The October issue of Runner's World magazine arrived a few days ago, but it wasn't until yesterday — the first day of my "weekend" — that I read it.
Usually I read it in two or more sittings, saving the long article for its own session. This time? I gobbled it (appropriate, because it's the nutrition issue) in one chunk. It was just a knock-out edition of a normally solid magazine.
What was I so cuckoo over? One small factoid, and the two biggest spreads:
"Race-Day Disasters: Don't Let Them Happen to You!" The small factoid: Researchers suspect runners are more vulnerable to allergies because, by being outside more often and breathing heavily (or heavier), they inhale more allergens. That's probably why I'm a Kleenex queen despite being only in my 20s!
"The Ultimate Guide to Pancakes." I do like pancakes, though not nearly as much as Ted Spiker. The variations on your basic pancake, running from as safe as cranberry oat to as wacky as guac it out (yep, with avocado), inspired some great pictures ... even if I'm unlikely to make regular pancakes, let alone ones with corn, chile and avocado in them.
Other fun pieces from the article: Pancakes date back to the 1400s; the roots of a pancake race in Olney, England, go back just as far, dating to when a woman ran to church flipping a pancake in a skillet; there are many other pancake races around the U.S. today, including one in San Antonio that encourages participants to run in their pajamas.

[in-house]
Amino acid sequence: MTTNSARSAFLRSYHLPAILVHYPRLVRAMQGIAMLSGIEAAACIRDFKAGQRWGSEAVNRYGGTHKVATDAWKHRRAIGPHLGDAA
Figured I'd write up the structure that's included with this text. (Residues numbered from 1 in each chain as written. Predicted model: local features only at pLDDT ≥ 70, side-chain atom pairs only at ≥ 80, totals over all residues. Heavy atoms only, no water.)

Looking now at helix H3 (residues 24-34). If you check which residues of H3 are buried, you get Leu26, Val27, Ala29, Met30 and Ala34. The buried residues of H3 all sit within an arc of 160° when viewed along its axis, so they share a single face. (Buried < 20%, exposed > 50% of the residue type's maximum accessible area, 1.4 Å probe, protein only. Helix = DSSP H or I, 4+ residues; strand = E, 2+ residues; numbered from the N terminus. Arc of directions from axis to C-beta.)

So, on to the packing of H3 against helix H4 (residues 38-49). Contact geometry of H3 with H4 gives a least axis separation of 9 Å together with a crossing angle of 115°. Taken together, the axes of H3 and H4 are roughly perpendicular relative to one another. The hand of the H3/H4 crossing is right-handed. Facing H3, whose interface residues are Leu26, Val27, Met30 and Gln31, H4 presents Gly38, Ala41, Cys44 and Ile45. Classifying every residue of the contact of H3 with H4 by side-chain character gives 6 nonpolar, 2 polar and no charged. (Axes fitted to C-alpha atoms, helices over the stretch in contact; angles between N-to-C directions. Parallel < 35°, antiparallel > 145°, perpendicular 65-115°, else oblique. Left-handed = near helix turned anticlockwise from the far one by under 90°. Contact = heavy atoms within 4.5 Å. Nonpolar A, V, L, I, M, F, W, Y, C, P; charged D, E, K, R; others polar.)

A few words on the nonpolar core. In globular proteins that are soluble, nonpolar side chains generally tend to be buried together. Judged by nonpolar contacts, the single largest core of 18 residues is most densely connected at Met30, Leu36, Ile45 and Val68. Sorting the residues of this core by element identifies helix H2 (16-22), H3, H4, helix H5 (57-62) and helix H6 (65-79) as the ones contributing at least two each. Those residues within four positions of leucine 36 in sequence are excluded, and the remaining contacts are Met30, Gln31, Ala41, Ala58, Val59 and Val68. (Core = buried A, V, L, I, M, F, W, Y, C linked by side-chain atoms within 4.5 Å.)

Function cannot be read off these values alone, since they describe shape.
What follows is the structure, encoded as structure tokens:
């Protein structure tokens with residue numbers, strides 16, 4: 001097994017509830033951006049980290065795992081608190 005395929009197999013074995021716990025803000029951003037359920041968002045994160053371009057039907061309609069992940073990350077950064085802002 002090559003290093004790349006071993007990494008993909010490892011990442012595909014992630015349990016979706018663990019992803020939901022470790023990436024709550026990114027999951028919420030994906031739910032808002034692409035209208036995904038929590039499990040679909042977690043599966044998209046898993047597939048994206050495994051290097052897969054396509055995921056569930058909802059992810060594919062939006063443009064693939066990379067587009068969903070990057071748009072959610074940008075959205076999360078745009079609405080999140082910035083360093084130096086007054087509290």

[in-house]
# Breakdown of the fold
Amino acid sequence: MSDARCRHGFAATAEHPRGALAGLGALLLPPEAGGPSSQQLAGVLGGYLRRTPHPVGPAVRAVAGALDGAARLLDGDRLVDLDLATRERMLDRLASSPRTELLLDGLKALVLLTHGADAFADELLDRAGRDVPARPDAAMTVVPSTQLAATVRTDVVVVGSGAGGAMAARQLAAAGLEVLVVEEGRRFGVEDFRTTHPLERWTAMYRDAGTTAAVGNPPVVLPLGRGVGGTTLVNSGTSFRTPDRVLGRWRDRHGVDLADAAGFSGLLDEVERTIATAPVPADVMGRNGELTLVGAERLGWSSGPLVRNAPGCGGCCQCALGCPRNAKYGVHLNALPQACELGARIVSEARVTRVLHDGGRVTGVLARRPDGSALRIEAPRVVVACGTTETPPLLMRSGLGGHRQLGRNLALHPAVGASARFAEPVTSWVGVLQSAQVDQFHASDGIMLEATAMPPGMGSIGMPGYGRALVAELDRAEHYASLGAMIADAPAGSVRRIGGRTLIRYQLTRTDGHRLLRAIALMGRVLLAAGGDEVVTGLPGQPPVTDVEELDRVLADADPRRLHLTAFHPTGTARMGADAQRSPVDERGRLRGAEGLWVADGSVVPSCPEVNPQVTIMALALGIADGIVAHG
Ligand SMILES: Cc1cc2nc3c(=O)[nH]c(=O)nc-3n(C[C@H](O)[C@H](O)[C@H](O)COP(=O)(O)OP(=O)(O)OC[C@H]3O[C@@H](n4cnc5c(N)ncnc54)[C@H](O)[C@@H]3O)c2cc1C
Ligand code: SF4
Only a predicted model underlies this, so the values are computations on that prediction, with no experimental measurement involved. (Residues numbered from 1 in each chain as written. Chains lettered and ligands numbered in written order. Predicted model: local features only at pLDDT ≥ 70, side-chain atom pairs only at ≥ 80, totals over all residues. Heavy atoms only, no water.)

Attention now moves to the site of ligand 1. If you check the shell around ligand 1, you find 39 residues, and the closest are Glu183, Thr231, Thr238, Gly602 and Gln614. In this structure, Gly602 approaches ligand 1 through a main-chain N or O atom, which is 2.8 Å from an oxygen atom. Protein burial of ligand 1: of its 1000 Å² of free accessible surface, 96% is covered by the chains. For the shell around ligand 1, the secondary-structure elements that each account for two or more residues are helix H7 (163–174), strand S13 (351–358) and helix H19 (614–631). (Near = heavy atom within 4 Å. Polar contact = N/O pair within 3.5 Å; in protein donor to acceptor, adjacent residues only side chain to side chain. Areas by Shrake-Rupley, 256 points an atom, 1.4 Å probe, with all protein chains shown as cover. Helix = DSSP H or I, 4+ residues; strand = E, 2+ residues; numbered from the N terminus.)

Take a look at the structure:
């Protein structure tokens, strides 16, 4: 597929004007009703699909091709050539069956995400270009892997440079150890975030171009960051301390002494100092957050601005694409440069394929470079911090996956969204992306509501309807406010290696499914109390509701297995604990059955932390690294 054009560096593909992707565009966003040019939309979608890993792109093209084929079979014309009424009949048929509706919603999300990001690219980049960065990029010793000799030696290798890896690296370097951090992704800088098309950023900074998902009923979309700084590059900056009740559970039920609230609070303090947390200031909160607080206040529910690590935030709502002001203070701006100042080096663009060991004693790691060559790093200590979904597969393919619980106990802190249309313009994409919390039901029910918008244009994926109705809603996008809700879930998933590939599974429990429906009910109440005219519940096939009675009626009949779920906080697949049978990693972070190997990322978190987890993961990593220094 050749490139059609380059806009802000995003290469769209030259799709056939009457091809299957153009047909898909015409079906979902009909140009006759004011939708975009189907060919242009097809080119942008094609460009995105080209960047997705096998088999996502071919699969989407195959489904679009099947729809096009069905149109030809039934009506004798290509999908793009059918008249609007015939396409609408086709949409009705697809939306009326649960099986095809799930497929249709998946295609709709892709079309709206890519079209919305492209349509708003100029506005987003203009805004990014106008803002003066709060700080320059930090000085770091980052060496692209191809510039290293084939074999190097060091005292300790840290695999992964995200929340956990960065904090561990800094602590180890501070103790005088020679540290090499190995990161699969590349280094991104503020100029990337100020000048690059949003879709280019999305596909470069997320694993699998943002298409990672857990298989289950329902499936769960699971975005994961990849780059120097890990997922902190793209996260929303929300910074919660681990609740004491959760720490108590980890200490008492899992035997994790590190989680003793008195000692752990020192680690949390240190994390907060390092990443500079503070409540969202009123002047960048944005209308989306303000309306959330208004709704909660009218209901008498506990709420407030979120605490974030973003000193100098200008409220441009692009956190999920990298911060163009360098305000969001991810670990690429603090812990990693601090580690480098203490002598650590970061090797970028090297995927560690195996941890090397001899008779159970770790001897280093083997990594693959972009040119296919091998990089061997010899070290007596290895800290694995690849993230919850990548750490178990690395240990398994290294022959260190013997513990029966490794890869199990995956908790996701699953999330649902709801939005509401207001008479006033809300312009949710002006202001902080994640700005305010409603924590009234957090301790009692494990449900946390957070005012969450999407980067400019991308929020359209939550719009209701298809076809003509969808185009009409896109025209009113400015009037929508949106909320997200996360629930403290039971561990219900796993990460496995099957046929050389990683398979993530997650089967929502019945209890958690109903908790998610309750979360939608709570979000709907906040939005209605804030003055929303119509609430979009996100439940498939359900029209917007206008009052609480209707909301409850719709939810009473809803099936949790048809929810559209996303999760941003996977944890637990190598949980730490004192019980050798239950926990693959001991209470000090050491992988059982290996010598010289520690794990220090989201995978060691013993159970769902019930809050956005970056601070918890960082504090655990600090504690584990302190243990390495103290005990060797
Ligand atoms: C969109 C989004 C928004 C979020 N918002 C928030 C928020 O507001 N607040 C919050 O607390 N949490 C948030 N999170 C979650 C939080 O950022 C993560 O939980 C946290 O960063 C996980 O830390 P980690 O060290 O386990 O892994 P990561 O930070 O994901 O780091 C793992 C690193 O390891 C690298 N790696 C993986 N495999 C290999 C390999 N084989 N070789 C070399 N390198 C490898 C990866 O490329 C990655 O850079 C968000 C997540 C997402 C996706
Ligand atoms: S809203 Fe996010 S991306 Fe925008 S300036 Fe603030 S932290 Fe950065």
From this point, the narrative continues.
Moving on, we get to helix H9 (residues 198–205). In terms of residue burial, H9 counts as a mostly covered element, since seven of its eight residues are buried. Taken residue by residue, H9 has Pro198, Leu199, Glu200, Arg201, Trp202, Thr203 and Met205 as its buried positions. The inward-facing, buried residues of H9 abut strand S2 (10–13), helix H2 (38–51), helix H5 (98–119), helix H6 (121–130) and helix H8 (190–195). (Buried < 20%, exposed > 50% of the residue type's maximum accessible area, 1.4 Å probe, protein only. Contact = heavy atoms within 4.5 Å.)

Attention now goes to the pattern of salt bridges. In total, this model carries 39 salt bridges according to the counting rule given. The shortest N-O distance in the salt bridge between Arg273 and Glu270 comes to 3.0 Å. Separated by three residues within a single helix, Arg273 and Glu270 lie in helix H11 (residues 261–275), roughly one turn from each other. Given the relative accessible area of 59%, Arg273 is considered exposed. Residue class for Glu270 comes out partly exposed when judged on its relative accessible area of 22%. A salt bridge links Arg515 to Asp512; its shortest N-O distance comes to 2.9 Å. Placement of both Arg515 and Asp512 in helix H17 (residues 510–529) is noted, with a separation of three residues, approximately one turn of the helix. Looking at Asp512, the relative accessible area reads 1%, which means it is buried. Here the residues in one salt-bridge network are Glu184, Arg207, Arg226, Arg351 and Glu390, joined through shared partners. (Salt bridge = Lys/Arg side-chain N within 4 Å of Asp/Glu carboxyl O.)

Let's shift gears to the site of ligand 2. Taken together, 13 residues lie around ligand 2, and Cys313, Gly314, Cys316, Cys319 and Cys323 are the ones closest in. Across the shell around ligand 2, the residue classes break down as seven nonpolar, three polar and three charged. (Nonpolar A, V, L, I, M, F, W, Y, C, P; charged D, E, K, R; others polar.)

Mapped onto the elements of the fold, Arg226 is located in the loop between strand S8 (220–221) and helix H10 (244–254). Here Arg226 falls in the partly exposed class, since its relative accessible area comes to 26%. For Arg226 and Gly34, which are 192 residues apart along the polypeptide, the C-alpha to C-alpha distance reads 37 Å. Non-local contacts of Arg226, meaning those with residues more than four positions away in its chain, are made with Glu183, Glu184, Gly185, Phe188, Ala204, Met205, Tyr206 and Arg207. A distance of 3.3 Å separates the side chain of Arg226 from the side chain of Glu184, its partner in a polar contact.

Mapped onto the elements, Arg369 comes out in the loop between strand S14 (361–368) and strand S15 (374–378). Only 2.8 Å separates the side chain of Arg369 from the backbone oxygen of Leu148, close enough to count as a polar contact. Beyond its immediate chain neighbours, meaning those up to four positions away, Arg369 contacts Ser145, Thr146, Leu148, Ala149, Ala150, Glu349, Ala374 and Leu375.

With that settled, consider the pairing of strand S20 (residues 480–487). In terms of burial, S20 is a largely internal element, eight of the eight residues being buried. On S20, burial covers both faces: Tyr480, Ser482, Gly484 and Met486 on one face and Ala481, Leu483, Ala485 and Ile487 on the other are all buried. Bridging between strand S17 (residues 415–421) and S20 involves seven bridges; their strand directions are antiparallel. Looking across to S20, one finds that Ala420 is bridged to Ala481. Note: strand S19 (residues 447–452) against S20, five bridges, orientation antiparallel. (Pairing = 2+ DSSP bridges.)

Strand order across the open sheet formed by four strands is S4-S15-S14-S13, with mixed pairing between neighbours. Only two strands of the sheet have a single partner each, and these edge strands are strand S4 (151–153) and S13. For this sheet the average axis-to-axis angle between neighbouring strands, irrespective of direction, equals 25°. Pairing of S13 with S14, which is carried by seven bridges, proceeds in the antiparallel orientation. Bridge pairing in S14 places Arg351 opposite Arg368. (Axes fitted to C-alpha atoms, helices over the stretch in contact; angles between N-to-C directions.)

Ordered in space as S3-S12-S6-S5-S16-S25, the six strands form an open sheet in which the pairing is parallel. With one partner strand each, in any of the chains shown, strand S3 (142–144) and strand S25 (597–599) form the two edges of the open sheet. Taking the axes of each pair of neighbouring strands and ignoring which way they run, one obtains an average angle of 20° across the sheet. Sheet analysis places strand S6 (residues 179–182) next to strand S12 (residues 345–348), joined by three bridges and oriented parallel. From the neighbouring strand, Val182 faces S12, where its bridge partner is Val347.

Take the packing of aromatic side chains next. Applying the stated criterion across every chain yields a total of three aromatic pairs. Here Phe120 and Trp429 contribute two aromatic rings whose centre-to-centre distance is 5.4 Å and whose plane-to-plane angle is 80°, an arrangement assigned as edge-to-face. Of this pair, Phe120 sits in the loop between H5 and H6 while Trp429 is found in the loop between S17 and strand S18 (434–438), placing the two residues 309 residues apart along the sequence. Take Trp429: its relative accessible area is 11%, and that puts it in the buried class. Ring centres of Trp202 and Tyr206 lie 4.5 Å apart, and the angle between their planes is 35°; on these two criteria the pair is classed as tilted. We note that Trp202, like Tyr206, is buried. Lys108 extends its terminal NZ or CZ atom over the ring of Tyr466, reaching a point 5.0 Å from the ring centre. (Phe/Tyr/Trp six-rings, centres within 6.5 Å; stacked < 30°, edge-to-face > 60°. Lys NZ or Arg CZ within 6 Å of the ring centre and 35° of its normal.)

All this food talk — did you know that food historian is an actual career? — had me almost on a runner's high. And then came the runner's low.
" 'Don't Go Out in Those Hills. There Are Dogs Out There.' " Two brothers, out on a run with two of their sisters and a niece, encounter a pack of pit bulls – literally a pack; up to six attack them at once. UTTERLY TERRIFYING.
It's not just that I run outdoors and could conceivably find myself in their boat, though I don't usually run through isolated tribal territories like they did. It's that I too had a run-in with pit bulls once — in my parents' neighborhood, near plenty of houses where I could've sought help — but I was luckier, because the owner came to my rescue within minutes.
Seeing pictures of what the dogs could've done instead of leaving scratches whose scars took a year to fade and reducing me to tears ... chilling. I like dogs, and I do believe that the problem with a bad dog is a bad owner, but I won't apologize for disliking pit bulls.